Friday, 6 August 2010

The Real Elephant in the Room: Health Care User Fees

The cost of Canada's supposedly universally accessible health care system is the "elephant in the room," many media quoted Quebec's Premier Jean Charest as saying at the Council of Canada meeting on Thursday. What wasn't reported as much was his proposal that user fees be instituted to defray the cost.

The CBC--reading from a press release from Charest's office, I presume--mentioned them prominently yesterday, but this morning Radio Canada, which hadn't, said that the premiers of British Columbia and Ontario dismissed the idea. They noted that studies show that user fees are counter productive since they discourage people from getting treatment when they need it and end up increasing costs. Canada's health care system is one of our "definiing" institutions, they and others added.

That's exactly the kind of response that Charest got last spring when his government proposed fees in Quebec. Doctors, citizens' groups, individuals: there was a great outpouring of condemnation for the idea. The result seems to be that Charest and friends have removed it from their immediate plans.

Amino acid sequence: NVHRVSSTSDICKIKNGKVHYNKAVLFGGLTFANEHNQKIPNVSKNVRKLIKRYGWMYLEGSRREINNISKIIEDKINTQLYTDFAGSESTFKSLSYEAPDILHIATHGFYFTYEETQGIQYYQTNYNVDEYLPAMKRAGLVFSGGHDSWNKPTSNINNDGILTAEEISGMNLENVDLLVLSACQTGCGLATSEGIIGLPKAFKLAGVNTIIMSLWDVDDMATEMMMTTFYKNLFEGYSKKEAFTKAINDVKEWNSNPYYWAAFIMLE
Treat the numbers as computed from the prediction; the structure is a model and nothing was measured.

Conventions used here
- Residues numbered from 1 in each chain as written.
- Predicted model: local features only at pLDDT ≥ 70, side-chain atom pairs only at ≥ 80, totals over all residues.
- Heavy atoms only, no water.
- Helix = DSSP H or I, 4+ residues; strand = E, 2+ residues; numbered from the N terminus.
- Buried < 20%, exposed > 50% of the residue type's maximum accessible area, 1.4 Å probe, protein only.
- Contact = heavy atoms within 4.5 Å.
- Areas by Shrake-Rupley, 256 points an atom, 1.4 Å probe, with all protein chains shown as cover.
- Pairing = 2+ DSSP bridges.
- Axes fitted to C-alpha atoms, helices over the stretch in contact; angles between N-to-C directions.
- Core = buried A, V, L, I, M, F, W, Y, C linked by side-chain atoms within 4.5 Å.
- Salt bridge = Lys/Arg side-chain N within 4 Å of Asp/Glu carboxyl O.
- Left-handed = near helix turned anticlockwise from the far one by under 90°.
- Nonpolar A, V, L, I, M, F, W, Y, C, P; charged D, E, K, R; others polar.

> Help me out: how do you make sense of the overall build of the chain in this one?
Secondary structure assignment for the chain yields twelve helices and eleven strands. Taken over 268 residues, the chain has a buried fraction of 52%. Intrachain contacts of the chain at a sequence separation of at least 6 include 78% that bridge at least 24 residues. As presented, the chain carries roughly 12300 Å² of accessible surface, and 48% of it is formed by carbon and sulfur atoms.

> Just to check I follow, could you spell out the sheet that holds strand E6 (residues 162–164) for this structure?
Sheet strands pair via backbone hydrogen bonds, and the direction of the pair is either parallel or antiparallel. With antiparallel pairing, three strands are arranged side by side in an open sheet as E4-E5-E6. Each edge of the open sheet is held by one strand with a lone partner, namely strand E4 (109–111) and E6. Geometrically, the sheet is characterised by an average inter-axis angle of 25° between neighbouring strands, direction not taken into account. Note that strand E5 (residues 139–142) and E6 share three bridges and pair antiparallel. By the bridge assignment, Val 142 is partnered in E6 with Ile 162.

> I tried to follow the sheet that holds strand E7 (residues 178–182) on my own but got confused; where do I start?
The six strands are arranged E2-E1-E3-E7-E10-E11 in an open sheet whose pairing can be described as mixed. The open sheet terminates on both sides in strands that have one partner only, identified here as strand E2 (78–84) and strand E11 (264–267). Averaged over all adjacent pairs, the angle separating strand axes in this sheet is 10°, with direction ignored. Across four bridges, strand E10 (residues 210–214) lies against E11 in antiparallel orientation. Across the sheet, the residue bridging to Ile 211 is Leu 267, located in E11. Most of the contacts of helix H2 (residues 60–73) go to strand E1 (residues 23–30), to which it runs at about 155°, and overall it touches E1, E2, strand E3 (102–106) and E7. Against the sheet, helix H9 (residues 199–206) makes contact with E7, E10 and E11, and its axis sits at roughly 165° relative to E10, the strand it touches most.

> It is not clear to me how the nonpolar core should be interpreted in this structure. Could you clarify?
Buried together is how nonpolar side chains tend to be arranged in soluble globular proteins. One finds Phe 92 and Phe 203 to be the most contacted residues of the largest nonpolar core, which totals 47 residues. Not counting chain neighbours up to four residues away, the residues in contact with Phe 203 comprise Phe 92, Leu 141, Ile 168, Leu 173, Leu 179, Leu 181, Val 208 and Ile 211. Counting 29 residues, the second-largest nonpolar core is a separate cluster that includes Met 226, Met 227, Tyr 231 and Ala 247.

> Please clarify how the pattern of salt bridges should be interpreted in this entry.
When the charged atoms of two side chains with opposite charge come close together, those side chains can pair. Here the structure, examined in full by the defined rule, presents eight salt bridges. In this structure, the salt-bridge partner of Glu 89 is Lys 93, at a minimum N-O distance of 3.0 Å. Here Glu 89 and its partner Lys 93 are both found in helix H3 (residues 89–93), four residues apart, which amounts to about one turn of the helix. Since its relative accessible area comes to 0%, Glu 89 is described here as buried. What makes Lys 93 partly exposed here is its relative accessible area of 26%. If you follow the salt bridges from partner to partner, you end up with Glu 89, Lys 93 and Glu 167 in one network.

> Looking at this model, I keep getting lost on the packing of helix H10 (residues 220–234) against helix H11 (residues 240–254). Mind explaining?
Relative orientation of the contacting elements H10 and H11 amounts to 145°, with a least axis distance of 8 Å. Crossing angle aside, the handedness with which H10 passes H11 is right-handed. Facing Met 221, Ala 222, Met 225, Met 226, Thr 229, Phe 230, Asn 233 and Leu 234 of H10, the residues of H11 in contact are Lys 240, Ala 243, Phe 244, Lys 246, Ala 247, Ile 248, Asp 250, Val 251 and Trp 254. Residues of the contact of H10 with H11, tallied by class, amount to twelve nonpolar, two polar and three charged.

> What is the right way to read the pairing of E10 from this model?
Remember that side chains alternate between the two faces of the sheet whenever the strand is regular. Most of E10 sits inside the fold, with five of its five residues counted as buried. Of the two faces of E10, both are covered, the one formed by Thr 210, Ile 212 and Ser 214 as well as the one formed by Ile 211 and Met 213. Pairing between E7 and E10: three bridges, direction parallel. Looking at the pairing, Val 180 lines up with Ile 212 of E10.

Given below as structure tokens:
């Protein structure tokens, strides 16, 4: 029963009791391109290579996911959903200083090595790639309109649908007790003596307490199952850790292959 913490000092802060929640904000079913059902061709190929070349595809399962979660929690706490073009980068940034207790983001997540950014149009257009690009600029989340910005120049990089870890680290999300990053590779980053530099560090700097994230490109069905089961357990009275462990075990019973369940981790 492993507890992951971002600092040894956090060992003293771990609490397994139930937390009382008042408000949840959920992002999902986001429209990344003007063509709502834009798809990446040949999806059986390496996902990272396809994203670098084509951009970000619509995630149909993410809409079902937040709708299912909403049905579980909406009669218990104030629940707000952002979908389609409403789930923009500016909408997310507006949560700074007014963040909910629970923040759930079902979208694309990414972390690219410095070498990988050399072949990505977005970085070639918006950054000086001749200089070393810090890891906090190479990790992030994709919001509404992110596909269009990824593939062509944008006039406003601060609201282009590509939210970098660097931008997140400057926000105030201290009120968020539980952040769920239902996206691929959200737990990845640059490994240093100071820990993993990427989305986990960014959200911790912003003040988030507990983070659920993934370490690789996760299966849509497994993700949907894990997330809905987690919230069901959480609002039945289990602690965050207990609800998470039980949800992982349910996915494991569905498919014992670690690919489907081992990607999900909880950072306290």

But here Charest is again, bringing up what health economist Robert Evans calls a "zombie" idea. It's possible that Charest is brandishing it in hopes that the outcry will be so loud that Stephen Harper won't dare cut health care funding to the provinces. There were those in Quebec, after all, who said that the idea was floated here only as a trial balloon and to make a sort of enrollment fee (not unlike ones in British Columbia and Ontario, as it happens) more easily accepted.

This is playing with fire, though. User fees are no solution to health care's problems, and opening up the Canada Health Act (which allows the feds to reduce payments to provinces who charge them) in order to make them legal would be a giant step toward a health system that is more inefficient, costly and profitable to private medical entrepeneurs.

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